Oct 9, 2015

Mexico’s torture epidemic: “I saw big clots of blood coming out”

Amnesty International: When Tailyn Wang, a 34-year-old Peruvian woman living in Mexico City, was woken by a loud bang on her door in the early hours of the morning, she never imagined the horrific chain of events that would follow.

It was 4am on Friday 7 February 2014 when five federal police officers stormed into her house. The restaurant owner and mother of three was lying in bed with her husband, her children asleep in the next room.

“They ripped off my clothes. One of them forced himself on top of me in bed and started insulting me: ‘You whore, you fucking pig.’

“My husband screamed, ‘Don´t hit her, she is pregnant’ but they didn't care,” Tailyn told me. Read more.

Mexican soldiers should be questioned by expert panel - U.N. official

World News Report: Mexican authorities should allow international investigators to interview soldiers who may have witnessed the abduction and apparent massacre of 43 trainee teachers last year, a top United Nations official said on Wednesday.

The disappearance of the students in the southern town of Iguala and subsequent investigation into the attack has drawn sharp criticism of the government of President Enrique Pena Nieto for its inability to solve the case. Read more.

Report Accents Mexico's Jam-packed and Chaotic Prison System

Insight Crime: A new report from Mexico’s National Commission on Human Rights documents the deplorable conditions in the nation's prisons, highlighting a fundamental obstacle to improvements in security.

The National Commission on Human Rights (CNDH) recently published its annual examination of Mexico’s prisons and jails, and the 585-page report offers a detailed radiography of the system’s many ills.

The CNDH measured the state and national prison facilities according to five categories: how well a facility protects the physical and moral condition of an inmate; whether it guarantees a dignified stay; the facility’s governability; its success in preparing inmates for societal readaptation; and whether it protects at-risk groups, like HIV-positive inmates. Read more.

The other crime victims: 68 percent of Mexicans live in fear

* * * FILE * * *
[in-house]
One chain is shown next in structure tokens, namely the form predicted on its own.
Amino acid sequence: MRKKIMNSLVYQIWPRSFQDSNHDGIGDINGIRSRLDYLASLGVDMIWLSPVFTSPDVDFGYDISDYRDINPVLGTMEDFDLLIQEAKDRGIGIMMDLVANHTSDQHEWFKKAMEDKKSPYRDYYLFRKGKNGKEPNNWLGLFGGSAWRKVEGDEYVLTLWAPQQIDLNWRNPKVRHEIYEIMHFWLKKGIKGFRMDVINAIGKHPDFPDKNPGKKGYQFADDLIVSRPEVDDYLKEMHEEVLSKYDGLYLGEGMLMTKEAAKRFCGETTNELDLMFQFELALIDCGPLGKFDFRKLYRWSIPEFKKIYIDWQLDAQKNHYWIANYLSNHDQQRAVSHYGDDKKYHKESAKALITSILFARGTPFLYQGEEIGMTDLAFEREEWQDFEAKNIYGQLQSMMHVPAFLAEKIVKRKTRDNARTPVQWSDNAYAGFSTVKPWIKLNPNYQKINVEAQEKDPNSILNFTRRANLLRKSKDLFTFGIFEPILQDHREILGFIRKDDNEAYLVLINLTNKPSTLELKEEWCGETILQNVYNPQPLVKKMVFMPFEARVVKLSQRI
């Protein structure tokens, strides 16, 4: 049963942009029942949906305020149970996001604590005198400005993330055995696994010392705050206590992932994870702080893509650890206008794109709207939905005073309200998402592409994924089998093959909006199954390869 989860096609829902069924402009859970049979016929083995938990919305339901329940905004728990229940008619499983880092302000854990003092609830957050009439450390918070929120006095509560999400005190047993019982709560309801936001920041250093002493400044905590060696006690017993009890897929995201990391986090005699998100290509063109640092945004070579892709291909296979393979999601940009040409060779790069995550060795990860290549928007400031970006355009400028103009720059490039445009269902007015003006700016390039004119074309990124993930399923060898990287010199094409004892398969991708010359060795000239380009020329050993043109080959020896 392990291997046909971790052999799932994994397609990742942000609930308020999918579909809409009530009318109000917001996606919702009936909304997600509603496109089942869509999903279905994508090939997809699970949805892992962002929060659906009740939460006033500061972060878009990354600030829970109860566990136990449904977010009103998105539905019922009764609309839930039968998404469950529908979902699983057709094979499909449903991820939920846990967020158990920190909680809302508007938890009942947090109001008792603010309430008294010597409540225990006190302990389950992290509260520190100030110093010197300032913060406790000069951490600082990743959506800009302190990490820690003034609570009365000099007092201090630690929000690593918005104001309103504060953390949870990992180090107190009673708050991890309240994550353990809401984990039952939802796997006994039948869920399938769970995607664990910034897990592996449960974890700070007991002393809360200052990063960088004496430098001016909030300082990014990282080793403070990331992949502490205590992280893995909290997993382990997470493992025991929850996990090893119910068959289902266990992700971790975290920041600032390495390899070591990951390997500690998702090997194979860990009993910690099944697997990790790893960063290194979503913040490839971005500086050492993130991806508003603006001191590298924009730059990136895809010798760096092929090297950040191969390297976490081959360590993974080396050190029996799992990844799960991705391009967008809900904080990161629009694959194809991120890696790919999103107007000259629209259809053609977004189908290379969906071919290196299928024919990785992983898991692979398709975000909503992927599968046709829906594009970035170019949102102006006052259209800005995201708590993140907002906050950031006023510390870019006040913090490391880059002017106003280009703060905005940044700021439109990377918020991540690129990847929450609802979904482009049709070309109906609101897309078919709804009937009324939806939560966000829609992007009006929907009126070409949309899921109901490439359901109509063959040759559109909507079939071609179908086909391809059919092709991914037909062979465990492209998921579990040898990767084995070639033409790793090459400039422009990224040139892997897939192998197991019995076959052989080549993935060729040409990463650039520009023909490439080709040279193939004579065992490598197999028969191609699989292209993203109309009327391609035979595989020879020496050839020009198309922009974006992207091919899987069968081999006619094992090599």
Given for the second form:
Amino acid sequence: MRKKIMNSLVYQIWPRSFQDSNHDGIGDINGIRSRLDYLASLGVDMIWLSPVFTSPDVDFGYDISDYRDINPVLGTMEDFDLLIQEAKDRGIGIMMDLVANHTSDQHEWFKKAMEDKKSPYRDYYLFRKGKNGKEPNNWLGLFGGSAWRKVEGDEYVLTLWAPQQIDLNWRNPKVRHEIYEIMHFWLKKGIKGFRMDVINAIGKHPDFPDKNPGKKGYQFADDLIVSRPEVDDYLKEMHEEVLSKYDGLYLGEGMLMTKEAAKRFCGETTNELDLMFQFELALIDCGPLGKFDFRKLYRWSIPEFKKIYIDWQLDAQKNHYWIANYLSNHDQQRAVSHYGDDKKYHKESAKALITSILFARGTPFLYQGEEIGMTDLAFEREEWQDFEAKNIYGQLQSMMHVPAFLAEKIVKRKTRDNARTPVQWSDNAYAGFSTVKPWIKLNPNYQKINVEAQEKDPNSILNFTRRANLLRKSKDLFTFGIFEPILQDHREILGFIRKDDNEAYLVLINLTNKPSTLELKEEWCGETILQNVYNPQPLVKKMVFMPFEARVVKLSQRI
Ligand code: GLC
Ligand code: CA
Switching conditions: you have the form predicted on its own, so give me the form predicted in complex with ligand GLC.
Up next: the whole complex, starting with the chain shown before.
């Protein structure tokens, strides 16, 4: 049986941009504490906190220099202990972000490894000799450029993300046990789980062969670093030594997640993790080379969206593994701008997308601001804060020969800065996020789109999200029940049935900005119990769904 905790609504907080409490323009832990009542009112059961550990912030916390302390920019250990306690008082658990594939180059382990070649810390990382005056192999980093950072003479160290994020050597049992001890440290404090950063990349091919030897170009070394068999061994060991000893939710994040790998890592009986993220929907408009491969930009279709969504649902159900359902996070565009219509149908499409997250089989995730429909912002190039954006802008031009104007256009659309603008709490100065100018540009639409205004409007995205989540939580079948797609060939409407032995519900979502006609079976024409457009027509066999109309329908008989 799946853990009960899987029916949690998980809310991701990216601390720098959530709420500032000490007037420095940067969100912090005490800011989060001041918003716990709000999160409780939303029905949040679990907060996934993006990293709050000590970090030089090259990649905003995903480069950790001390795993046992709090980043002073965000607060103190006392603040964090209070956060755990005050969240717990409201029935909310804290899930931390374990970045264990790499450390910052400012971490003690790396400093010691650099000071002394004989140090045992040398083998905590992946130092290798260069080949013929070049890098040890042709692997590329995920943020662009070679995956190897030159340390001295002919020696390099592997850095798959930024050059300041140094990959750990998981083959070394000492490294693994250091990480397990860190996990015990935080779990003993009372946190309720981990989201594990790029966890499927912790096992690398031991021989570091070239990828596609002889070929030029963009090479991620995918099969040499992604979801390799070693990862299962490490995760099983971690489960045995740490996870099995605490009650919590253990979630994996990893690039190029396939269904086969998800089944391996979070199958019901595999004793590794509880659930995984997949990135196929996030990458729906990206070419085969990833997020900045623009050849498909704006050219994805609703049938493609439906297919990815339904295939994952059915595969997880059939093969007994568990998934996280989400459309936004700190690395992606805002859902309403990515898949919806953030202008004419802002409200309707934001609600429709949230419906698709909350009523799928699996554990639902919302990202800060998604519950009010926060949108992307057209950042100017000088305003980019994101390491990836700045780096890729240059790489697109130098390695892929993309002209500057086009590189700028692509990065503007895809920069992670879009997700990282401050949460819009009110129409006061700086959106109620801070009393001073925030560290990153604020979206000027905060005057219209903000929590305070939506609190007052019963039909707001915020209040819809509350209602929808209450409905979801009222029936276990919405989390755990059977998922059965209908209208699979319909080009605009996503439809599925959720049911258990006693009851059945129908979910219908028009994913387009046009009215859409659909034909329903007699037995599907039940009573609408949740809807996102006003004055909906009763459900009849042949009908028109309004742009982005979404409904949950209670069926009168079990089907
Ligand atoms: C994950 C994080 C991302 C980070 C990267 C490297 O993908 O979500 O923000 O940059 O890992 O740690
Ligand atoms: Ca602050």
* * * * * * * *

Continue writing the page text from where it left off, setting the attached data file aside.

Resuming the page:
El Daily Post: Every three months the Mexican government publishes a survey on "security perception" and every three months the results are equally discouraging. More than two thirds of the urban population feel their surroundings are unsafe. That means they may not wear the jewelry they want to, or carry cash, or let their kids out alone or even take a walk around the neighborhood in the evening. Those and other quality-of-life sacrifices make them crime victims, even if they've never suffered a criminal act.

Public security experts will tell you that the number of crime victims exceeds the number of those who have actually suffered some kind of criminal act. That’s because living in fear of crime — and changing your behavior as a result — makes you a crime victim. Read more.

Why are all those soldiers out in the streets all across Mexico?

El Daily Post: The U.N.’s  human rights chief says they shouldn’t be. The military isn’t designed for police work, he says, and Mexico’s top military leader agrees with him. So why are the soldiers out there? Because Mexican police forces were deemed to corrupt and inefficient to do the work that needed to be done, including going after the crime cartels. That has to change, the United Nations says, so the soldiers can return to their barracks.

The United Nations' top human rights official is calling on the Mexican government to set a timetable for withdrawing military personnel from law enforcement duties and replacing them with well-trained police. Read more. 

Distributing pork, calling it crime prevention

El Daily Post: Crime prevention has been a constant theme in President Enrique Peña Nieto’s security policy. In the early days of his mandate, he created an undersecretariat for prevention and citizen participation. But there’s a catch: That institution is not designed to prevent crime. Rather, it is a tool to build and feed a political clientele.

A month ago, Interior Secretary Miguel Ángel Osorio Chong named Arturo Escobar, erstwhile leader and spokesperson of the Green Party, the junior partner in President Enrique Peña Nieto’s governing coalition, as undersecretary for crime prevention. Read more.

Oct 7, 2015

Mexico To Use SEZs To Boost Economy Of South

Tax News: Mexican President Enrique Peña Nieto has introduced draft legislation for the creation of special economic zones (SEZs) in the southern states of the country.

The proposed SEZs would be set up in the Isthmus of Tehuantepec and the ports of Chiapas and Lázaro Cárdenas. These three areas are located in the states of Oaxaca, Chiapas, and Michoacán, respectively. Read more.